The quote got a lot of reaction from people, but its just a continuation of Vic Fangio’s honest assessments of Drew Lock as a rookie.
The Denver Broncos beat the Atlanta Falcons 14-10 on two touchdown drives, one early in the game with Kevin Hogan at Quarterback and the other near the end with Brett Rypien throwing one up for Juwann Winfree. In between, there was a whole lot of Drew Lock and the results were less than inspiring.
Lock finished 7/11 for 34 yards and a couple of sacks. He looked lost at times and struggles with accuracy.
After the game, Head Coach Vic Fangio provided a very pointed response to Lock’s overall performance. In short, Lock is right where Fangio thought he was.
“I was hoping for more, but [I’m] not surprised,” Fangio said. “He’s still got a lot of work to do. I thought his accuracy wasn’t clean all the time along with his reads, but that’s to be expected. We’ve got four more games and we’ve got to get him ready, more ready than he is right now.”
That quote created a bit of a negative reaction on Twitter and had many fans using the ‘bust’ label already.
Imagine #BroncosCountry right now had the team drafted Drew Lock 10th overall back in April. It's a good thing that kind of pressure is not on the rookie this offseason. pic.twitter.com/9SGzrzrdfE— MileHighReport (@MileHighReport) August 2, 2019
Here’s the thing, though. Fangio has been telling us all along that Lock has a long way to go before he’s ready to be an NFL quarterback. He isn’t setting high or low expectations - he’s just setting expectations.
Back during the first week of Broncos training camp, he made sure to note where Lock had the tools, while also noting that he is far from being ready to use them.
“I think a quarterback that can change his arm angles is a positive when it’s needed,” Fangio said on July 19th. “I don’t think you want to do it when you don’t have to do it. Obviously if somebody’s in my face and I might have to do that, that’s good to have that talent, but if I’m here strong in the pocket I want to throw over the top, nice and strong and not rely on side arm. It’s good that he can do that, but he needs to use it when he needs to not when he doesn’t need to. I think that’s part of what I said yesterday. His college offense really had no carry over to pro offenses and he was under duress a lot of times at his college, so a lot of his plays he was running around. I don’t think he’s far along being a ready NFL quarterback as he could have been. That’s what I mean when he’s got to get ready. He’s not a quarterback yet. He’s a hard throwing pitcher that doesn’t know how to pitch yet, so the faster he gets that the better off he’ll be and we’ll be.”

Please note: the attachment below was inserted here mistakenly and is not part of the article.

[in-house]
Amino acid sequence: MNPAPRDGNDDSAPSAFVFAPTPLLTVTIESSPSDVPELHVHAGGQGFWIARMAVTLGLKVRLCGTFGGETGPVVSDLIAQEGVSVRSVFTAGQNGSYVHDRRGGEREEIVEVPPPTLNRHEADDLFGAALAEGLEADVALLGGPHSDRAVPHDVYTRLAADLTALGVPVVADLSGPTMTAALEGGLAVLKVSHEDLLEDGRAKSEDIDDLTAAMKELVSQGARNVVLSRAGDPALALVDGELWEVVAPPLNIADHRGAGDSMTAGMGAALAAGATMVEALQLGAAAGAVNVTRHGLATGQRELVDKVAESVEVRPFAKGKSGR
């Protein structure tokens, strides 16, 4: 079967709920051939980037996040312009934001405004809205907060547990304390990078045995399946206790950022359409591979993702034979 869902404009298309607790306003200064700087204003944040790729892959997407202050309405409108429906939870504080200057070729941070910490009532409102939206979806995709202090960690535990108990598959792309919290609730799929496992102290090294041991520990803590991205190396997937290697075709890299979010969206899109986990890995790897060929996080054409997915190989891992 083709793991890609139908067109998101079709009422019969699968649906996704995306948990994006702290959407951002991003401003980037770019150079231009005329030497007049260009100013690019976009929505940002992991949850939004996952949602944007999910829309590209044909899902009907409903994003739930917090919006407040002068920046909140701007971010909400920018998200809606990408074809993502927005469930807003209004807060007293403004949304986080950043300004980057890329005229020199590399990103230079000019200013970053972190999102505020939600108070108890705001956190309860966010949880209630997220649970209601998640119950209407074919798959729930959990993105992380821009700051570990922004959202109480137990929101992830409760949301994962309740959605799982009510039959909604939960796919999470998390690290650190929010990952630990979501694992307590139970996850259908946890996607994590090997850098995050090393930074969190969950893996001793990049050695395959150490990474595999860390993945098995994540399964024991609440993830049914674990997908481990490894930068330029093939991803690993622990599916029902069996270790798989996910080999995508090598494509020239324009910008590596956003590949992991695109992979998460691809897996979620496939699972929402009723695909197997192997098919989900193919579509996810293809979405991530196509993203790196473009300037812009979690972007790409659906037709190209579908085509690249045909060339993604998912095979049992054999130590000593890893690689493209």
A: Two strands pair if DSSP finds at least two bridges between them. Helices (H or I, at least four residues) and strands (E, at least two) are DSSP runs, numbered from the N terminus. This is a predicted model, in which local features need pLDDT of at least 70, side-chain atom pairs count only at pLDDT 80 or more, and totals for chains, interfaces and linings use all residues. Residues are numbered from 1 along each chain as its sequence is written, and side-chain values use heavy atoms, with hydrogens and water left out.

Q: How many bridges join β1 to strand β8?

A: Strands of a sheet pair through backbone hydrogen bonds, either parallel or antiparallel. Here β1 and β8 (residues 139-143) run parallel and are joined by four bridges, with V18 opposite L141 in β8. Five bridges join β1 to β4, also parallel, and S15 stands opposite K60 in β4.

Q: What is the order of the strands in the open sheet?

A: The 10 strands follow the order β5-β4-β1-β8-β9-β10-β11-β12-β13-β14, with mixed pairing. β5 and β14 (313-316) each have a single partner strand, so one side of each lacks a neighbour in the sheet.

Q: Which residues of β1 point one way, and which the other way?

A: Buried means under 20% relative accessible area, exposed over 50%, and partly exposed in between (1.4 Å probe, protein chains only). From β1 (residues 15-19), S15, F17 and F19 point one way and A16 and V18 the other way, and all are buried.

Fangio’s approach to development a player is honesty. Looking back, I don’t think that is something any of us is used to from a coach. At time, it felt like Paxton Lynch was being wrapped in a bubble and protected by the coaching staff when everyone could see he was not ready for the NFL.
That’s just not Fangio’s style and that might be a good thing.
There has been improvement in Lock’s game, but two weeks is hardly enough time to develop into a starting-caliber quarterback.
“He’s getting better,” Fangio said of Lock earlier this week. “I think he’s getting better. He’s not what I would call—he’s not a union NFL quarterback yet, but he’s improving.”
The Broncos have Joe Flacco, so there is no rush to bring Lock up to speed. They clearly want to do him right and having someone like Flacco starting affords them that opportunity. When Trevor Siemian was starting, there was likely more of a sense of urgency around Lynch. That’s the difference between having a quarterback and not having one.